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Das, S.;  Ghosh, S.;  Kuila, T.;  Murmu, N.C.;  Kundu, A. Fundamentals of Oxygen Reduction Reaction. Encyclopedia. Available online: (accessed on 15 April 2024).
Das S,  Ghosh S,  Kuila T,  Murmu NC,  Kundu A. Fundamentals of Oxygen Reduction Reaction. Encyclopedia. Available at: Accessed April 15, 2024.
Das, Srijib, Souvik Ghosh, Tapas Kuila, Naresh Chandra Murmu, Aniruddha Kundu. "Fundamentals of Oxygen Reduction Reaction" Encyclopedia, (accessed April 15, 2024).
Das, S.,  Ghosh, S.,  Kuila, T.,  Murmu, N.C., & Kundu, A. (2022, August 30). Fundamentals of Oxygen Reduction Reaction. In Encyclopedia.
Das, Srijib, et al. "Fundamentals of Oxygen Reduction Reaction." Encyclopedia. Web. 30 August, 2022.
Fundamentals of Oxygen Reduction Reaction

Oxygen reduction reaction (ORR) has been the subject of huge investigation since it is at the heart of various energy conversion and storage systems such as fuel cells, metal-air batteries, and so on. The mechanistic pathway is governed not only by the oxygen adsorption mode, but it also depends on the dissociation barrier of the catalyst surface. 

biomass pyrolysis porous carbon heteroatom doping

1. Introduction

The rapidly increasing concerns regarding exhaustion of fossil fuel and environmental deterioration have gathered global awareness for renewable energy production to develop sustainable society. Recently, various electrochemical technologies are being adopted to execute the reduction of climate change, and environmental pollution. For example, fuel cells (FC), metal-air batteries (MABs), water electrolyzers, etc., have been regarded as dependable as well as clean, eco-friendly, and affordable energy storage/conversion devices [1]. The performance and efficiency of many energy conversions and storage systems are mainly governed by oxygen reduction reaction (ORR) which was firstly reported by Jasinski in 1964 using co-phthalocyanine as a precursor [2]. However, the ORR process is kinetically sluggish requiring high overpotential and hence, robust electrocatalysts are often required to trigger the ORR process. Until now, Pt-based materials are considered as the benchmark electrocatalysts for ORR in terms of achieving high positive onset potential, half-wave potential, and high limiting current density. Nonetheless, high cost, scarcity, and poor durability are the main constraints from make them industrially viable.
Recently, the main aim of the researchers is to substitute Pt-based materials with cost-effective, efficient, and stable non-precious metal-based/metal-free materials. To achieve this goal, a library of platinum group metal (PGM) free electrocatalysts have been developed which can be divided into two branches: non-precious transition metal-based electrocatalysts including metal-coordinated nitrogen-doped carbon (M−N−C) [3][4][5], transition metal-based oxides [6], transition metal nitrides [7], phosphides [8], perovskites [9], transition metal chalcogenides [10], and heteroatom or multi atom doped carbon-based materials [11]. Although many electrocatalysts showed promising electrocatalytic activity toward ORR rivaling state-of-the-art Pt/C but there is plenty of room to improve the stability of these transition metal-based electrocatalysts to be considered for commercial uses.
Metal-free carbon-based materials have become a promising alternative to transition metals due to their organized electrical conductivity, durability, stability, tunable surface morphology, and adjustable (micro, meso, macro) porous structure. Moreover, the doping of heteroatom (N, P, S, B, etc.) in the sp2 carbon template can alter the electronic distribution over carbon owing to the generated electronegativity difference [3]. As a consequence, this will help to facilitate oxygen adsorption as well as the breaking of O-O bond rather than pristine carbon. It is important to mention that the advent of carbon nanotubes (CNTs) and graphene have profoundly encouraged the development of carbon-based electrodes for ORR. In spite of the promising performance of CNT or graphene-based materials in ORR, their utilization on a large scale is hindered by the high synthetic costs. Hence, highly earth-abundant biomass resources have garnered attention as sustainable and alternative option to design carbon-based materials for green energy storage devices due to their low cost, and inherent presence of heteroatoms.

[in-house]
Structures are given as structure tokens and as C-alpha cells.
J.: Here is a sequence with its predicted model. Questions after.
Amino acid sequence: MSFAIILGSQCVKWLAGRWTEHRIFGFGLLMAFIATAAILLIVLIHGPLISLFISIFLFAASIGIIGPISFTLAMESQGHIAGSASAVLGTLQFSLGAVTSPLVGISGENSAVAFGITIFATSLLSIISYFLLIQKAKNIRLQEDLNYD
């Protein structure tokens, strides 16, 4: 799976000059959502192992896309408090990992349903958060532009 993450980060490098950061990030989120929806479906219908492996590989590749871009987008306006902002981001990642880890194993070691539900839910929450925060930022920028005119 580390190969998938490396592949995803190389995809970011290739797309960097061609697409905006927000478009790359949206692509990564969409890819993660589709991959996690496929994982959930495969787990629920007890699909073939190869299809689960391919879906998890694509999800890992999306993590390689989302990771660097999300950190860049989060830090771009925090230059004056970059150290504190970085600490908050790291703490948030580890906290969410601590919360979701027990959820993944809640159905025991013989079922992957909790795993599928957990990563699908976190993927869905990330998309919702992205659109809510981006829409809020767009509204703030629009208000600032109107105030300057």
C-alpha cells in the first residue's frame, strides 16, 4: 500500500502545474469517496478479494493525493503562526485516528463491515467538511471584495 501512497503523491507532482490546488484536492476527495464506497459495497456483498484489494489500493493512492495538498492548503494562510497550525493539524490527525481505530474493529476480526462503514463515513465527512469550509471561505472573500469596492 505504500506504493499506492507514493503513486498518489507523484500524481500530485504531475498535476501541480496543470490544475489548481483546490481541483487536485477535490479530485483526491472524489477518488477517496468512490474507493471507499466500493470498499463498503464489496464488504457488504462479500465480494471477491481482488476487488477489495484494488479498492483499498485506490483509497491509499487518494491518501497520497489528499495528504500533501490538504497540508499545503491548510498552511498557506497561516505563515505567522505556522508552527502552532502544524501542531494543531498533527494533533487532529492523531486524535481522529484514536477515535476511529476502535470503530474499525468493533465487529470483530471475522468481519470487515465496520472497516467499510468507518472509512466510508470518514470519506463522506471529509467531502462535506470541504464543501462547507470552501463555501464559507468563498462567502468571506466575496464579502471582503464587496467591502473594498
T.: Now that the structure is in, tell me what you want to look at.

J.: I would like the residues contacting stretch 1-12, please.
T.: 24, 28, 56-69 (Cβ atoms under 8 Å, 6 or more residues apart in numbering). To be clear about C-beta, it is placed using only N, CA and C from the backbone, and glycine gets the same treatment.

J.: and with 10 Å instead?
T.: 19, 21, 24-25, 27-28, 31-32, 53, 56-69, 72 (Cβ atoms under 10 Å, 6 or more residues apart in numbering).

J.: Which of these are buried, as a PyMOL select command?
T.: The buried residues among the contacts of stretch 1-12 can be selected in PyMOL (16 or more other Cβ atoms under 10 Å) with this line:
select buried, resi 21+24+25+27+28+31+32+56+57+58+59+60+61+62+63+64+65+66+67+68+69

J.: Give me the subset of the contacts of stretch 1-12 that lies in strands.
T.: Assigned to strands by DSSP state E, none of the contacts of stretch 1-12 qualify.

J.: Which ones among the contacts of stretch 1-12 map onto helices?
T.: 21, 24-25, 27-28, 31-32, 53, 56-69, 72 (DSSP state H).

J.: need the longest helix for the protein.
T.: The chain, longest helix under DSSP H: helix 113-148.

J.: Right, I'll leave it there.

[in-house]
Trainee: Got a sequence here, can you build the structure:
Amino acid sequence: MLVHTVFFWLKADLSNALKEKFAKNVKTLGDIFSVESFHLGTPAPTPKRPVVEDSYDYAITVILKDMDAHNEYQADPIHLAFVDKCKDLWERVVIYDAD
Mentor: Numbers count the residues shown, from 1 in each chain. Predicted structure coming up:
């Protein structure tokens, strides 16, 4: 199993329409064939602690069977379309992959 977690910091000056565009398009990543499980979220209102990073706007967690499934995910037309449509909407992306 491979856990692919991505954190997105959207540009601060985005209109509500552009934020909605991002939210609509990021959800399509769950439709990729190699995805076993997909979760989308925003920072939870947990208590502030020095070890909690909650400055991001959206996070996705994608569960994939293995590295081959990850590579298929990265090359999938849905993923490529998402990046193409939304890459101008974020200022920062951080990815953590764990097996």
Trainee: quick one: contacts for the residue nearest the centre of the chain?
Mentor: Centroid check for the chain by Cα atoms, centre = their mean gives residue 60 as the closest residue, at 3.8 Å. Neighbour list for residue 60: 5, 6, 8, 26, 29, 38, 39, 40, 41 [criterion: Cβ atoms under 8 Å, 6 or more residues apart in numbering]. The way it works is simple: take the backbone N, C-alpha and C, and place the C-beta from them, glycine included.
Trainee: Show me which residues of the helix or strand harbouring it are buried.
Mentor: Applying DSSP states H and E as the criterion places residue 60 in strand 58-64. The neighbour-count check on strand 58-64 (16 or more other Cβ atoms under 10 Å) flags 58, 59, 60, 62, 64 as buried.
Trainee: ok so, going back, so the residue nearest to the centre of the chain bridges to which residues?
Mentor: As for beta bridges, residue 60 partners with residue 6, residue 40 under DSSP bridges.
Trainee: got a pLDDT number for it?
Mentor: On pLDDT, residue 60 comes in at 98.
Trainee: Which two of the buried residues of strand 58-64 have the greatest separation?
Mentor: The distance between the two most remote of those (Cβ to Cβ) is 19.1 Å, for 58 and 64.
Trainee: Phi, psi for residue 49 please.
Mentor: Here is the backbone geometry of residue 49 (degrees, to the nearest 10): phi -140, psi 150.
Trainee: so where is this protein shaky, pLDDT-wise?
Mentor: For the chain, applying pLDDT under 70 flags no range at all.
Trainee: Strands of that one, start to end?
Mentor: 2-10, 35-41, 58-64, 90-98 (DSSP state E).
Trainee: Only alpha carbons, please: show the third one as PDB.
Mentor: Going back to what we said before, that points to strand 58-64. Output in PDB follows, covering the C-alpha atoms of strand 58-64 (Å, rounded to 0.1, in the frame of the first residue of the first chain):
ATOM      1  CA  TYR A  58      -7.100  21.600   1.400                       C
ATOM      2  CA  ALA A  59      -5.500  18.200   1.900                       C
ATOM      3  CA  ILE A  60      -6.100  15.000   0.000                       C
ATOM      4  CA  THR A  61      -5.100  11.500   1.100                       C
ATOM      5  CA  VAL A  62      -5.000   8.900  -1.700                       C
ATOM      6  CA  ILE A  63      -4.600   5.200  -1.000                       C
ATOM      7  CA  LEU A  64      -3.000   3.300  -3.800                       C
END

The main resources of biomass are carbohydrates, polysaccharides, lignocellulose biomass, animal-based biomass, human waste-based biomass, etc. which are globally produced as waste in tons every single day [12]. These wastes pose a great challenge to waste management and this can be regarded as a potential option to convert the waste to novel carbon-based materials for versatile electrochemical applications. Indeed, the conversion of biomass to electrode materials for energy and environmental applications gained huge attention and has been highlighted recently [13][14][15]. Cellulose, hemicellulose, and lignin’s are the primary configurational components of biomass [12].

2. Fundamentals of ORR

ORR has been the subject of huge investigation over the decades (Figure 1a) since it is at the heart of various energy conversion and storage systems such as fuel cells, metal-air batteries, and so on [16][17]. Among all the studied catalysts, Pt is the state-of-the-art catalyst for ORR due to its moderate affinity to the reactive intermediate species formed on the surface of an electrode during the course of the reaction. Moreover, Pt possesses the highest electrochemical activity towards ORR owing to its appropriate d–band vacancy (0.6 per atom), and reasonable oxygen adsorption capability [18]. Until now, various mechanism for ORR has been put forward, however; it can follow either dissociative or associative one (Figure 1b).
Figure 1. (a) Scheme of the ORR mechanism by direct pathway and indirect pathway, (b) ORR mechanism on the catalyst surface (* notation denotes a site on the catalyst surface).